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Is there a tool I can use to adjust one of these late '30's Epiphone truss rods with no nut?  Should I weld a hex nut on it?

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I'm not at all acquainted with this so I may be completely wrong but that looks to me as if it was a threaded rod that someone slotted so a standard screw driver would fit. It also looks broken. Is there room for a nut between the fingerboard and the shaft? If there is you may be able to use two nuts and "jam" them together for now

If it's broken, You may need to consider replacing the truss rod but perhaps someone with more knowledge can give you better advice.

Ned
Thanks Ned, well I do know from experience that this is a standard rod Epiphone used for a very short time in the late 1930's...I think there is room for a nut..I am wondering if I can notch it and use a screw driver...I am also going to try to clamp it into the correct shape as there is too much relief...
Thanks Ned, well I do know from experience that this is a standard rod Epiphone used for a very short time in the late 1930's...I think there is room for a nut..I am wondering if I can notch it and use a screw driver...I am also going to try to clamp it into the correct shape as there is too much relief...
Steve,

I can't tell but is the end square? Square sockets used to be very common pre WWII especially for farm machinery and some heavy industry mechanics. If it is square I believe that Harbor Freight sells a set a square end sockets and it might be possible to file the sides to accomodate a 12 point socket if it turns easily (or cover it with a thin layer of grease, get a cheap 12 point socket that's fits, and fill eight of the points with epoxy letting the epoxy set up well - just make sure that there is sufficient barrier, maybe even a layer of saran wrap, to prevent the epoxy from sticking to the truss rod)..

Rob
Thanks Rob...Bot there's so many different ways to attack this stuff.....
It's really important to remove the rod completely and lube the threads even if it has the usual hex socket fitting on the end. That's what you would want to weld to the rod - a hex socket to get an Allen wrench in there for adjusting when the guitar is back together.

Remember, that because of the Gibson patent, Epiphone had to use a different style rod, which they called, "Thrust Rod," because instead of pulling it pushed against a steel block buried between the nut and the first fret. Barely effective at all, these things do need to have the neck stressed backward to get any decent adjustment.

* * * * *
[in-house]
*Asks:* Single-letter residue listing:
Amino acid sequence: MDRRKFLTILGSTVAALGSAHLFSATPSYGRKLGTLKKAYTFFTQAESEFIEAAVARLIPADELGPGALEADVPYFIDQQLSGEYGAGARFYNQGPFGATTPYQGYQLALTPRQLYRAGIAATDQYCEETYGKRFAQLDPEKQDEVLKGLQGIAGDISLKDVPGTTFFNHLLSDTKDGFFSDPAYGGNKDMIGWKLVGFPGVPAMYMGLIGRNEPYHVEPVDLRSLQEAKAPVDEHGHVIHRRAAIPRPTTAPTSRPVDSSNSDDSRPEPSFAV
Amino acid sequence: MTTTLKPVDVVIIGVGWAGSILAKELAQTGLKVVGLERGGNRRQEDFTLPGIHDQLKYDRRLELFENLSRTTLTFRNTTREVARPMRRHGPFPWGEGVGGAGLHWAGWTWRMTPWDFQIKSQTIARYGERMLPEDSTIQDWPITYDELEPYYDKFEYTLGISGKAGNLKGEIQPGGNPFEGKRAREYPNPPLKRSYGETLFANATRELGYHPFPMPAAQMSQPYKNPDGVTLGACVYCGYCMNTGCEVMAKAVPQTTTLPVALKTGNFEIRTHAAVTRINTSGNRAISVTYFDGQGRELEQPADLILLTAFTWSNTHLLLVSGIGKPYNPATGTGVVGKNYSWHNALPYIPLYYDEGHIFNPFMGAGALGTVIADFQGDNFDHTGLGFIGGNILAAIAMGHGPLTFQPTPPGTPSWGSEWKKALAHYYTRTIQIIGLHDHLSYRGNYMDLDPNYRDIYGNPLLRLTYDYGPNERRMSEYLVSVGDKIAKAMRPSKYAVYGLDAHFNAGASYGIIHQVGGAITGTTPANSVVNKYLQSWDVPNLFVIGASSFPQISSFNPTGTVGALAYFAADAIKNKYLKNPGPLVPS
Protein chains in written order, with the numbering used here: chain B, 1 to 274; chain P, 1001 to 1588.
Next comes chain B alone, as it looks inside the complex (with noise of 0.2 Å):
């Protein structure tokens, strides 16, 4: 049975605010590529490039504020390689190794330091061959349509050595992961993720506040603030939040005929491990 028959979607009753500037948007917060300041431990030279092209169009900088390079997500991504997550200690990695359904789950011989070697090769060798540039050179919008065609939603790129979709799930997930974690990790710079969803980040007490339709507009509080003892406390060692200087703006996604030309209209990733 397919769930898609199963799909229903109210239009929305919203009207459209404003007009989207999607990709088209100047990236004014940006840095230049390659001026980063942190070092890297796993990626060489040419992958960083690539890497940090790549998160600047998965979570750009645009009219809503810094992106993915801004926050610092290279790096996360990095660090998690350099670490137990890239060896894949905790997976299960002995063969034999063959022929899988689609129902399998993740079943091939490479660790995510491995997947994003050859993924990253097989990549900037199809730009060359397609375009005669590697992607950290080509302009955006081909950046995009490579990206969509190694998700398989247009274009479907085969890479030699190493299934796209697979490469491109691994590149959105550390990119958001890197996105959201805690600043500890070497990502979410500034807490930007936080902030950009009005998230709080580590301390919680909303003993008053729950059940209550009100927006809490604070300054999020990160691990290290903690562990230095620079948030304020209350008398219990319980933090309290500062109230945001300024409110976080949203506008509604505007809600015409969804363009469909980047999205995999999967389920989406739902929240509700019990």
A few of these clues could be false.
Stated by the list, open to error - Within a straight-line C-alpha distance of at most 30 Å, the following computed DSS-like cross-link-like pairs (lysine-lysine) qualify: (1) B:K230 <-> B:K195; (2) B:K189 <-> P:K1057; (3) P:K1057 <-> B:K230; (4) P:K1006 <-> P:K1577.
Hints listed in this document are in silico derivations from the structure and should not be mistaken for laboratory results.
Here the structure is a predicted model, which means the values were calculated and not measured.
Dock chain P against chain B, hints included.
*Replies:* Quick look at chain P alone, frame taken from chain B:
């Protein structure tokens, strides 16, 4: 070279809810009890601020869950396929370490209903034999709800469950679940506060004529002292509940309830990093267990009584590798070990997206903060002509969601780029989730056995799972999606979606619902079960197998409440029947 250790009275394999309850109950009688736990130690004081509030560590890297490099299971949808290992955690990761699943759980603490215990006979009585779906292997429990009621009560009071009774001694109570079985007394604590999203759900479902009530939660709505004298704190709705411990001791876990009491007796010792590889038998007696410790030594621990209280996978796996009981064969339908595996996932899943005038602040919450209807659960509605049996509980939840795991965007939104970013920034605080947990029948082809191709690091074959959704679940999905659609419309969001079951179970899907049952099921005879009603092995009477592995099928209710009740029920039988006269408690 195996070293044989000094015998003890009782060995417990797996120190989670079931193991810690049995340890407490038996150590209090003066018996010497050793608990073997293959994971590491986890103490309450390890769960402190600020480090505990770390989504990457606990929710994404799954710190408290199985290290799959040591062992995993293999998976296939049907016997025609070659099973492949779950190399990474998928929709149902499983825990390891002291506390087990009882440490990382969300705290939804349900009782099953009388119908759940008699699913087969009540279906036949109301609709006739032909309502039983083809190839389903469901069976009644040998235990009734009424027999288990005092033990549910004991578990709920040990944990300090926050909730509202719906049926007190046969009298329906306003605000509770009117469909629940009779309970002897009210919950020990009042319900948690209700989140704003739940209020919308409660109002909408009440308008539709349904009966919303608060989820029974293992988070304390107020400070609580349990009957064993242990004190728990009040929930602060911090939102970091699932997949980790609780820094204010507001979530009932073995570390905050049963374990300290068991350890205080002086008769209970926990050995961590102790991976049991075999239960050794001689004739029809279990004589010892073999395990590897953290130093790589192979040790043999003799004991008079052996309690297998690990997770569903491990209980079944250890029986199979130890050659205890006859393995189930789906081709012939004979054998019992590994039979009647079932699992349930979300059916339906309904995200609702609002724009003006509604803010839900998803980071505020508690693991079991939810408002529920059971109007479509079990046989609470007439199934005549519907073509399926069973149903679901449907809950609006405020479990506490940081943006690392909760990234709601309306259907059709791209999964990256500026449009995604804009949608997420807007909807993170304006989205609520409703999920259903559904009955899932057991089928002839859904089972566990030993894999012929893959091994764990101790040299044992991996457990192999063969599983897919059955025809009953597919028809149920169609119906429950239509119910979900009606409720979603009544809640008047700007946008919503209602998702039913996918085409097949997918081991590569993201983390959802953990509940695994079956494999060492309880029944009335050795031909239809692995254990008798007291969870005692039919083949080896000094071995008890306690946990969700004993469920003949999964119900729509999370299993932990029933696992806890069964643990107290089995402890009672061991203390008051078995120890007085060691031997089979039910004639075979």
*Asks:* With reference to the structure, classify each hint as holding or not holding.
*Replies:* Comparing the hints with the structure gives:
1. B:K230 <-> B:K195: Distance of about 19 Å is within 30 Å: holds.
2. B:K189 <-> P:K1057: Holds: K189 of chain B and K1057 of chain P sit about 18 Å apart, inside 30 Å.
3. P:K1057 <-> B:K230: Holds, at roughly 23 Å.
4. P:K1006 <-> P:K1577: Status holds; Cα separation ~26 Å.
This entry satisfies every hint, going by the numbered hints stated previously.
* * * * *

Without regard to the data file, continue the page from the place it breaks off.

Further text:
Thanks Frank...So if I remove the rod, do you think it will it go back in easily? And should I stress it backwards and then tighten the rod once it is back in?
Far as I know, "easily" isn't in the Epiphone dictionary. That said, once the rod is lubed, you have a fighting chance of making it all work. And, yes, I'd stress it backward as much as I could to tighten it. To call those rods inefficient is an understatement.
I love the easily comment...I don't have the proper tools to weld anything on to the end of the rod...so I will be candid although some of this may be considered "no-no's".. I got a hold of the rod with a pair of vise grips and got it to loosen about a 1/4 turn...I then gave just a kiss of wd40 into the cavity and waited a minute...the rod started to spin (loosening it) about 4-5 revolutions very freely and then stopped dead. I tried to apply a little more force but that was about all it would do. I have the Epiphone book and looked at the patent for the rod mentioned by Frank. It seems the rod is anchored between the nut and 1st fret and then passes through another nut in the middle of the neck...I've thought about sawing through the fingerboard at the first fret and removing that portion of the board to expose the anchoring nut. That seems a little invasive to me so I think I will opt to clamp it into a back bow and try to tighten the rod, reevaluate and maybe refret with a larger tang....
Frank, I have a similar situation on an instrument I'm working on right now. What size/kind of hex socket do you recommend for this? Thanks.
I'd use whatever will fit - the clearance varies on those things, so whatever you can do to make it work is OK, I think.
Just so I understand the operation of the rod properly--

Is the whole rod threaded? In other words, I'd just weld (or JB weld, or whatever) a socket attachment of some sort onto the end of the rod, and then the whole rod turns (instead of just the nut)?

I dont' see any "bearing edge" for a conventional rod adjustment, which is why I ask.

Clearance is really tight in mine. The neck has been re-set once already. I haven't had any luck finding anything that will fit.

Thanks for your help.

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